MANY schools are "dysfunctional" and pupils leave the foundation phase without basic literacy and numeracy skills, Basic Education Minister Angie Motshekga said yesterday.
Motshekga said at a media briefing in Cape Town that the downwards trend in the matric pass rate over the last year - the pass rate fell in all provinces with the exception of the Eastern Cape and KwaZulu-Natal - was a "cause for concern" and pointed to problems lower down in the system.
"Many of our schools are dysfunctional," she said. "South African learners exit the foundation phase without basic literacy and numeracy skills required to succeed later on.
"The majority of teachers lack the required subject knowledge, are not teaching what they are trained to teach and too often lack the commitment to teach for six-and-a-half hours every day."
Motshekga said time use during school time meant the curriculum was often not covered "as it should be. Homework is not given or marked and teachers seldom provide meaningful feedback to learners on their work," she said.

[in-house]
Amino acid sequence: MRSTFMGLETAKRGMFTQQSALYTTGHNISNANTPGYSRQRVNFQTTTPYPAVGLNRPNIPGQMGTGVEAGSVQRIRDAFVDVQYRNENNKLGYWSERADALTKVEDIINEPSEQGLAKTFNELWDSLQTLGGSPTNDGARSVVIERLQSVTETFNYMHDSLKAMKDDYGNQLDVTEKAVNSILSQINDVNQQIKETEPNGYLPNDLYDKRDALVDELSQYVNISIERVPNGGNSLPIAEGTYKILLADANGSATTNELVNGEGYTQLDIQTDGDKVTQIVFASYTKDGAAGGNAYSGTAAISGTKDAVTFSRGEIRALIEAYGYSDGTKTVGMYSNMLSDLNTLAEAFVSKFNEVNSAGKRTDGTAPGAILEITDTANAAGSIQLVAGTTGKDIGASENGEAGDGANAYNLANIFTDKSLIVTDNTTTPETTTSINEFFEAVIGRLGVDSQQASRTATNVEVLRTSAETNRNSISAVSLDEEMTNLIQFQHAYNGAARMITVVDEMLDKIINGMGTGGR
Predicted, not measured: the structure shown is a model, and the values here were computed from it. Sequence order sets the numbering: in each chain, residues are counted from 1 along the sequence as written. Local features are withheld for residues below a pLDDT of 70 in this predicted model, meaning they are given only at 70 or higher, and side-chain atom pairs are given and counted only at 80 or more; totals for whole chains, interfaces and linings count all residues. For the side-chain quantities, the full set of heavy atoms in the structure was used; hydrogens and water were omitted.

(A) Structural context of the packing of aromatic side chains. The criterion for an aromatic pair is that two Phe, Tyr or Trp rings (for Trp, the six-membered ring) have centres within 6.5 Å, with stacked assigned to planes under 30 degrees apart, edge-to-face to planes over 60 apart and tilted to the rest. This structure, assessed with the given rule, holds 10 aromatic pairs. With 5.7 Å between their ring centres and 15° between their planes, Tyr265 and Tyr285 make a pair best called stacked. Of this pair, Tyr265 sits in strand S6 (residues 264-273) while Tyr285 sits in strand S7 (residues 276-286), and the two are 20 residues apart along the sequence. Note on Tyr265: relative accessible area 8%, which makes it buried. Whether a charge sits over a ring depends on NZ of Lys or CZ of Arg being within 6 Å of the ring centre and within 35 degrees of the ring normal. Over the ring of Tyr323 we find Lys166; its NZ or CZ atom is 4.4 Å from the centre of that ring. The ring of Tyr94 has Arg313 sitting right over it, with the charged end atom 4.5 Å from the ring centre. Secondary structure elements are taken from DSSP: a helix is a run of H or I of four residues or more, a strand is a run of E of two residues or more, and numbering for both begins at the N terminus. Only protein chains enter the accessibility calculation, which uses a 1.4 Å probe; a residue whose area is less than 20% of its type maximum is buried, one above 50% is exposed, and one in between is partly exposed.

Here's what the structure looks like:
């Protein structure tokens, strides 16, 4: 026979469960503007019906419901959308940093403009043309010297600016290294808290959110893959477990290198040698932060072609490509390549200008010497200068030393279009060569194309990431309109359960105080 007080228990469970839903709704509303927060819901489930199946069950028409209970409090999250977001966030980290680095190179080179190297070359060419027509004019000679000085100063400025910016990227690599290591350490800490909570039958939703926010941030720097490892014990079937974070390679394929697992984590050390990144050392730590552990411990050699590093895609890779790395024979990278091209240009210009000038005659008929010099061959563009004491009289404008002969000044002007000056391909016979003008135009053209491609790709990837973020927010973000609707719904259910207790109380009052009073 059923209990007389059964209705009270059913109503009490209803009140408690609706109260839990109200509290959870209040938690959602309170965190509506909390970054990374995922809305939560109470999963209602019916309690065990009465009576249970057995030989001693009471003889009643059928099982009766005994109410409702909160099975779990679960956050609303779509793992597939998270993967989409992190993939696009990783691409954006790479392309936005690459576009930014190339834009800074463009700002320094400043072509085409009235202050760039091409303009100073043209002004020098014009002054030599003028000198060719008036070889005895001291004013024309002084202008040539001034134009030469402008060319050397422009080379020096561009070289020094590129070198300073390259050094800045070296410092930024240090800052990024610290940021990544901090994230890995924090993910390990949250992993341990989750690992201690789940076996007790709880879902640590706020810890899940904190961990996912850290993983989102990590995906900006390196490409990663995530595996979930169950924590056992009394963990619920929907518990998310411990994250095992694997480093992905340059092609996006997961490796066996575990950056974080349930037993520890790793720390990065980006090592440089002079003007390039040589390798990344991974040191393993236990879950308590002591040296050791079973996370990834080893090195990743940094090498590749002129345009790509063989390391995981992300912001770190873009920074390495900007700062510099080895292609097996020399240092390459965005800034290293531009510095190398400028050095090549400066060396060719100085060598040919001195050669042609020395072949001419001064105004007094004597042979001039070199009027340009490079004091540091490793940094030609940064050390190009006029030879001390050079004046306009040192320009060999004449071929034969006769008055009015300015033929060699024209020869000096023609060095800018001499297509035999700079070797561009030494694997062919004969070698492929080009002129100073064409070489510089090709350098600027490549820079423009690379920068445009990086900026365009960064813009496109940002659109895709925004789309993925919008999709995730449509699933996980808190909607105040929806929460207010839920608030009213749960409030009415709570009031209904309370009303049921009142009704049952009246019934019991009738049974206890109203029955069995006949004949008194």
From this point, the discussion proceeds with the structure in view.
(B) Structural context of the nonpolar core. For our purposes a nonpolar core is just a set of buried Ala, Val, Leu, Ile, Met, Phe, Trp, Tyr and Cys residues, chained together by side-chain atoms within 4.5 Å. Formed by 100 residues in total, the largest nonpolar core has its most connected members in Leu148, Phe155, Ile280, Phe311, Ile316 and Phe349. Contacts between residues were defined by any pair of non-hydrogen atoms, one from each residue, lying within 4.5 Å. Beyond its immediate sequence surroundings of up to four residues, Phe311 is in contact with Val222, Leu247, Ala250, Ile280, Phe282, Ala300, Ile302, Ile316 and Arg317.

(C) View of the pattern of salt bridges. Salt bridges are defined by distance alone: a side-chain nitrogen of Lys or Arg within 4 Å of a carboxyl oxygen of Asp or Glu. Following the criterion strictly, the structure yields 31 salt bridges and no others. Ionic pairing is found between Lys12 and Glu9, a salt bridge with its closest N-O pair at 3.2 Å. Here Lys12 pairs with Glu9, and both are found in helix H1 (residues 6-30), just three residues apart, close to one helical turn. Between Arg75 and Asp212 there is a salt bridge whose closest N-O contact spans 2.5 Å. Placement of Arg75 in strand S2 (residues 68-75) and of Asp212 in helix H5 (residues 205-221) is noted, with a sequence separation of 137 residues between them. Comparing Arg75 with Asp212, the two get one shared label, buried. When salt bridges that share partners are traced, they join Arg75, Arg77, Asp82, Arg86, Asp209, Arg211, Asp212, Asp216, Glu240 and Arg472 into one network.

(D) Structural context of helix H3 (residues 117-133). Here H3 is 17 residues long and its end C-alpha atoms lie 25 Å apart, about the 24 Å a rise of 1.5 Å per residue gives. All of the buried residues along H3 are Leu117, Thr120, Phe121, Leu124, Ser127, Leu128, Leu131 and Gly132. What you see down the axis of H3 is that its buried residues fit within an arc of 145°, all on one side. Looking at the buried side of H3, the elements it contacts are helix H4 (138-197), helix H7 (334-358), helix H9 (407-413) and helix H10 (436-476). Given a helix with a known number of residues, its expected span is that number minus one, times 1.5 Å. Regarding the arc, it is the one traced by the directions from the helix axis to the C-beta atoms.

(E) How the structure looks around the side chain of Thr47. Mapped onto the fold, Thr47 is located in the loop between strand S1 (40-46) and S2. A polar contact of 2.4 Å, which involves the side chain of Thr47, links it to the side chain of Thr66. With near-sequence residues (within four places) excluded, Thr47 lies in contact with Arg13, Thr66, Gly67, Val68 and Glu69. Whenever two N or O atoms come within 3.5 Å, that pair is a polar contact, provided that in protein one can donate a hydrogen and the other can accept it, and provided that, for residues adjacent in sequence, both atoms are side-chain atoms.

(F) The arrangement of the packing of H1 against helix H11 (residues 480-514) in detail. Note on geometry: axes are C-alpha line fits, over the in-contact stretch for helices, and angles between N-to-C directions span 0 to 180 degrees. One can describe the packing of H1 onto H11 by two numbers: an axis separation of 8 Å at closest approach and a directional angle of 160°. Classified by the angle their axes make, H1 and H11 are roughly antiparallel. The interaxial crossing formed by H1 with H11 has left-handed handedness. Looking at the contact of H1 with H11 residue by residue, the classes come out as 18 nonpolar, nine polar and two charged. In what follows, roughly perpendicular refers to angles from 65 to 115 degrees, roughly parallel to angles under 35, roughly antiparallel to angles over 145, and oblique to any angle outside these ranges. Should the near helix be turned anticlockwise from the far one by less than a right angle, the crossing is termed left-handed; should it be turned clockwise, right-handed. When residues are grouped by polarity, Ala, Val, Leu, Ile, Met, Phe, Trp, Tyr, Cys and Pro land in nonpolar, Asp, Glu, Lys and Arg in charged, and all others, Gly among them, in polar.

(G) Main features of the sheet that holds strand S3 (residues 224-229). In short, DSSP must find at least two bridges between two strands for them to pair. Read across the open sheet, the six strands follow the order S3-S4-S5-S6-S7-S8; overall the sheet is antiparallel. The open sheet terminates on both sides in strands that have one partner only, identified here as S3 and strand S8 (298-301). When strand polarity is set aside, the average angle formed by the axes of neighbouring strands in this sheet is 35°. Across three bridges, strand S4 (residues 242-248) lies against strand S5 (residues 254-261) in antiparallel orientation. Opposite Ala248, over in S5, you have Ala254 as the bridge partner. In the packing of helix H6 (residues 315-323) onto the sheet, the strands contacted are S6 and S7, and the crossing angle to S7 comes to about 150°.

One of the department's major difficulties was ensuring a culture of accountability among all participants in the education system. Infrastructure challenges at schools were "immense", she said, with a backlog estimated at R140billion.
"We still have many poorly constructed mud buildings that collapse with the first rains," she said.
Graft in provincial departments was disabling the rapid response on addressing such problems.
"Despite budgets to address these issues, the backlog is growing in some provinces rather than being eliminated."
Schools, especially those in urban areas, were being plagued by drugs, alcohol, sexual abuse and violence. Motshekga said the department was taking steps to improve the situation.
She said her department had set a target of having 175000 pupils - up from the current 105000 - pass their national examinations and qualifying for a bachelor's programme at a university by 2014.
By 2014 the department hoped to have 225000 pupils passing mathematics and 165000 passing physical science. - Sapa